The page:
(Los Angeles and San Francisco: Printed by Saul and Lillian Marks at the Plantin Press for Zeitlin & Ver Brugge and Bernard M. Rosenthal, 1971). Book: 500 x 340 mm. (19 3/4 x 13 1/2"); Leaf: 483 x 330 mm. (19 x 13"). [9] leaves of text, including colophon. No. 17 OF 193 COPIES.

Vellum backed marbled paper boards (lacking the original slipcase). Facsimile of original colophon printed in red with device and blue paragraph flourish. Printed in red and black. WITH AN ORIGINAL LEAF PRINTED ON VELLUM BY PETER SCHOEFFER AT MAINZ IN 1472. Variations in grain of the vellum on the spine, but the book in mint condition; short slit to fore edge margin and a touch of dust-soiling to edge, but THE VELLUM LEAF IN FINE CONDITION--quite fresh with excellent margins.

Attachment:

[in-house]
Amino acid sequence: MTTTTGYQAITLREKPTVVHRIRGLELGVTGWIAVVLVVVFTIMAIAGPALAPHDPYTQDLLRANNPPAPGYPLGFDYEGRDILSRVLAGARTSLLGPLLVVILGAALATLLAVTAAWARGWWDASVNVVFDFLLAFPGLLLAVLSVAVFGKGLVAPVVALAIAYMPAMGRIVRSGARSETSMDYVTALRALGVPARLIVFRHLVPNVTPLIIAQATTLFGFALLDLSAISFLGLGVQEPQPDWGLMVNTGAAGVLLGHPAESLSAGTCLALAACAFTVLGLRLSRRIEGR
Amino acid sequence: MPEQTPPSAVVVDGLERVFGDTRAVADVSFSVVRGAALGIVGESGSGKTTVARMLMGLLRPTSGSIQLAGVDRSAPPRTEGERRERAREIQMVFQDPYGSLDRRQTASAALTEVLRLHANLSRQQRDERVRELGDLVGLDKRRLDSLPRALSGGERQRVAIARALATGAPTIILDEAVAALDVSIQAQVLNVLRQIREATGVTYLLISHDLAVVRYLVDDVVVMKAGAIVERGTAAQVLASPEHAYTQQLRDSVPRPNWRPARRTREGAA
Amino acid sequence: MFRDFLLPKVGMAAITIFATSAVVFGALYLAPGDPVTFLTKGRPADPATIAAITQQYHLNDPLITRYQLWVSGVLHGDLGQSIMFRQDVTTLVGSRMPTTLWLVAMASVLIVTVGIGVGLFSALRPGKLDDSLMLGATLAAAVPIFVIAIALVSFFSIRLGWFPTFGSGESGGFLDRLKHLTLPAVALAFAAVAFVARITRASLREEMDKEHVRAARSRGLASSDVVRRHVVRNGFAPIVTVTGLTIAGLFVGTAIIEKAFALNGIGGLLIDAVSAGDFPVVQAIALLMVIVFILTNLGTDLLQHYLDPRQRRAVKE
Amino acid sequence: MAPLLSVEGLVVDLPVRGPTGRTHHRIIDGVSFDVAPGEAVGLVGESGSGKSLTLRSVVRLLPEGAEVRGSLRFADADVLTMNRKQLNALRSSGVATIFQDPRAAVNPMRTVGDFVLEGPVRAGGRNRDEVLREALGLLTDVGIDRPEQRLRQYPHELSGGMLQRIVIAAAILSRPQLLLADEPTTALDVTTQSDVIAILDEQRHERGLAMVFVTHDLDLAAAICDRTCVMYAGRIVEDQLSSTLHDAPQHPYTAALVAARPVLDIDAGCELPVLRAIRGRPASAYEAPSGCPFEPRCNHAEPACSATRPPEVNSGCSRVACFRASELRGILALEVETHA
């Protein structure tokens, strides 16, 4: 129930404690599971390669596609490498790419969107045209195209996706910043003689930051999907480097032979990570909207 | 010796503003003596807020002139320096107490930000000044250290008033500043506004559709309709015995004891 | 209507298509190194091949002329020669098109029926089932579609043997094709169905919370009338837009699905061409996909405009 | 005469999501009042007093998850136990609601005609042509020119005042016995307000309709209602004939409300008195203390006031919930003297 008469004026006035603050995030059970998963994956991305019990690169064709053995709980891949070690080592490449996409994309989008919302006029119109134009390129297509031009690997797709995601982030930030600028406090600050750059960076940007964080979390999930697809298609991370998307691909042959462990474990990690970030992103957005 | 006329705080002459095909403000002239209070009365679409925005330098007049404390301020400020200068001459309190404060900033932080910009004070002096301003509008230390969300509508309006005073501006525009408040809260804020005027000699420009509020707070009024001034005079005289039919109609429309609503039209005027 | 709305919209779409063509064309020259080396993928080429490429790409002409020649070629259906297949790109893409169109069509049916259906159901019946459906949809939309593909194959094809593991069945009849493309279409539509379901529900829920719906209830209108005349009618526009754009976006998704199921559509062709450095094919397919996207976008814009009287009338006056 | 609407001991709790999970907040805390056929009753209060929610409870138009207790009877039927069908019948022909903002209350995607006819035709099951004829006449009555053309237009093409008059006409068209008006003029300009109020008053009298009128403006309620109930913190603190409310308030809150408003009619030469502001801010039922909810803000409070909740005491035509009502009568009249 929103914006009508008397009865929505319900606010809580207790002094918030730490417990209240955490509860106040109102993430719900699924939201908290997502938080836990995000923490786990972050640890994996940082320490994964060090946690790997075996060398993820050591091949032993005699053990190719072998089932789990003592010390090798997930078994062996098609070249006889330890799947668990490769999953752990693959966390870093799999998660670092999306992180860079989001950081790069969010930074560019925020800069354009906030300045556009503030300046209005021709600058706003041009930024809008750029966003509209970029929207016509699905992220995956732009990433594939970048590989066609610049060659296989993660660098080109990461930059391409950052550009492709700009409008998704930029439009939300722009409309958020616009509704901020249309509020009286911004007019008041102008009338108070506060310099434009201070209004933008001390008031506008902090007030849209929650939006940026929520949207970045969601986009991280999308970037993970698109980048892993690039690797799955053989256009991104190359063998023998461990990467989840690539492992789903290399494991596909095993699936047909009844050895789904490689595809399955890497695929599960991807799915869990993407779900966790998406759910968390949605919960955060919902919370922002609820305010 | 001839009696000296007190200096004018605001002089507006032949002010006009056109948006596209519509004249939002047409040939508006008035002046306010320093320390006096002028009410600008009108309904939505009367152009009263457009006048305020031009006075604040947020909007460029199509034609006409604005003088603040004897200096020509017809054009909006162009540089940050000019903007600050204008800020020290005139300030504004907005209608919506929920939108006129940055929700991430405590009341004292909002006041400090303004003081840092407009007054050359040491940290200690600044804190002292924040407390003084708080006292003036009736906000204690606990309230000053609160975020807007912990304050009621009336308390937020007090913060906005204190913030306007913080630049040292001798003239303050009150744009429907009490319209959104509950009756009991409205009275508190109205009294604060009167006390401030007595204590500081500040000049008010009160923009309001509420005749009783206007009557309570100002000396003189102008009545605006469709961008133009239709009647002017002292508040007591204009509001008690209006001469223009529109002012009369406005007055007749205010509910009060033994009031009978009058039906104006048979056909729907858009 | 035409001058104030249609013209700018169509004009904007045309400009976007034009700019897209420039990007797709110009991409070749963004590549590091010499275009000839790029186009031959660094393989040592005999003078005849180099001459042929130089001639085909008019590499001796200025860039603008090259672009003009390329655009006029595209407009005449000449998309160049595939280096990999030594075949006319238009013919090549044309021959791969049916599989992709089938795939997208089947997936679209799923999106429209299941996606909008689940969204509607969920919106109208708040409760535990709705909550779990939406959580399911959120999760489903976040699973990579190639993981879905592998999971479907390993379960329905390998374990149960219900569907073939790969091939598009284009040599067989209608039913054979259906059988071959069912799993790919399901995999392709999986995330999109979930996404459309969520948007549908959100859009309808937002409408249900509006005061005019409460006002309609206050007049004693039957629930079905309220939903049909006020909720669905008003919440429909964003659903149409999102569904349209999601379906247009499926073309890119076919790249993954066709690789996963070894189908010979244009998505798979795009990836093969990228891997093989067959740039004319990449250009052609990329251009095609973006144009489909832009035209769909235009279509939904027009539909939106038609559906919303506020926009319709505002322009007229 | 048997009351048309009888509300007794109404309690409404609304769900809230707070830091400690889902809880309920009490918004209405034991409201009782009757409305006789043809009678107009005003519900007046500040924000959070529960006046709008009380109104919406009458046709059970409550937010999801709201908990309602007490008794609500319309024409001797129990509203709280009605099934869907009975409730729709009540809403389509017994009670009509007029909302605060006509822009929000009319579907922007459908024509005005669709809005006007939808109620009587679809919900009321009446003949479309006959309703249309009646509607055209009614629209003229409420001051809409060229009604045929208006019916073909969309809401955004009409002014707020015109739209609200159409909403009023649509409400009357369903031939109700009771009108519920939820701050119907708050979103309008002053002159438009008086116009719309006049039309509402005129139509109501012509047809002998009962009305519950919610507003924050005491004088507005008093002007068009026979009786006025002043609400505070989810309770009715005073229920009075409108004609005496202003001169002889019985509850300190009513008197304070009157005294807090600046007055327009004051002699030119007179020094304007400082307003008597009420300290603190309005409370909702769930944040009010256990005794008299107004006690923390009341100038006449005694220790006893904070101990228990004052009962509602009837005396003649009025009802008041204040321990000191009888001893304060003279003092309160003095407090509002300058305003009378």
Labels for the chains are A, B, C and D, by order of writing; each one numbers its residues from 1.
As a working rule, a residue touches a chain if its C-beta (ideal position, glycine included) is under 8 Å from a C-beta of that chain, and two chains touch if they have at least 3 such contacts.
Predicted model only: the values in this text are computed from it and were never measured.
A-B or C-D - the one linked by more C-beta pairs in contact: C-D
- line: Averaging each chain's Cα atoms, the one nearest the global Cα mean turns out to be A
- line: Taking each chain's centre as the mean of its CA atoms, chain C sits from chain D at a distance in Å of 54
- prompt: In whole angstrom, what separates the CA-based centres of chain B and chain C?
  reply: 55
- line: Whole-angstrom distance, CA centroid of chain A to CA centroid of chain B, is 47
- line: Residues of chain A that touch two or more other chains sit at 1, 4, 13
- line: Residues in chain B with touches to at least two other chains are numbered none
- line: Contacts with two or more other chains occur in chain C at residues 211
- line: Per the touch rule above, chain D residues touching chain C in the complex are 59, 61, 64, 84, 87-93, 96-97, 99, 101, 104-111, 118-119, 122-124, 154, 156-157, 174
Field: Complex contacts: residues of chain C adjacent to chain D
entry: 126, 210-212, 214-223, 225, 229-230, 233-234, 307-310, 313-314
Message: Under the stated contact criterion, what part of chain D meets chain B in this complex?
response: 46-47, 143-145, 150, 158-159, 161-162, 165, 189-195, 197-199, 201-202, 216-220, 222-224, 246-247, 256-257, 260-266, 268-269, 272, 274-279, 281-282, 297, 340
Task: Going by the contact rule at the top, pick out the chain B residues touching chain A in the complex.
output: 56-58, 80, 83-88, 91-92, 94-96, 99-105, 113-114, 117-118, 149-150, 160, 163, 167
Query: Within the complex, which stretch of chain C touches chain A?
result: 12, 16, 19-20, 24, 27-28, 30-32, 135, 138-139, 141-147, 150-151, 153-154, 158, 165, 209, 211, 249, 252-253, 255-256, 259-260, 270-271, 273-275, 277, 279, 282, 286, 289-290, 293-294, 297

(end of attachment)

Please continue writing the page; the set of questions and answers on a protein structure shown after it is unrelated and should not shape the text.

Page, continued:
This is a very attractive production containing a fine vellum specimen from one of the most important printers of the 15th century, a person with direct ties to Gutenberg who was active for virtually the entire incunabular period. Our copy contains a very handsome leaf, printed in red and black in four columns (text in the middle columns, flanked by narrower columns of commentary) and embellished with hand-painted headlines and paragraph flourishes as well as hand-painted initials of various sizes in red or blue. The main text is set in Schoeffer's 1462 "Bible type," generally considered to be his most beautiful and important typeface. The leaf has very ample margins that show clearly all four pinholes, left behind by the printer's pins (called "points") that held the sheet in place while it was being imprinted. (According to BMC I, xv, the presence of four pinholes dates the leaf before the second half of 1474, when the printer began to secure his sheets with two points only.) The two short essays making up the text here are useful commentaries on the printer himself and on the origins, substance, and significance of Gratian's "Decretum," the foundation of Roman church law for more than five centuries. Schoeffer (ca. 1425-ca. 1502) was the son-in-law of Johann Fust, who financed and later took over the press of Gutenberg. Schoeffer managed the press for his father-in-law, ran it after Fust died (ca. 1466), and continued to produce books from it until the first years of the 16th century.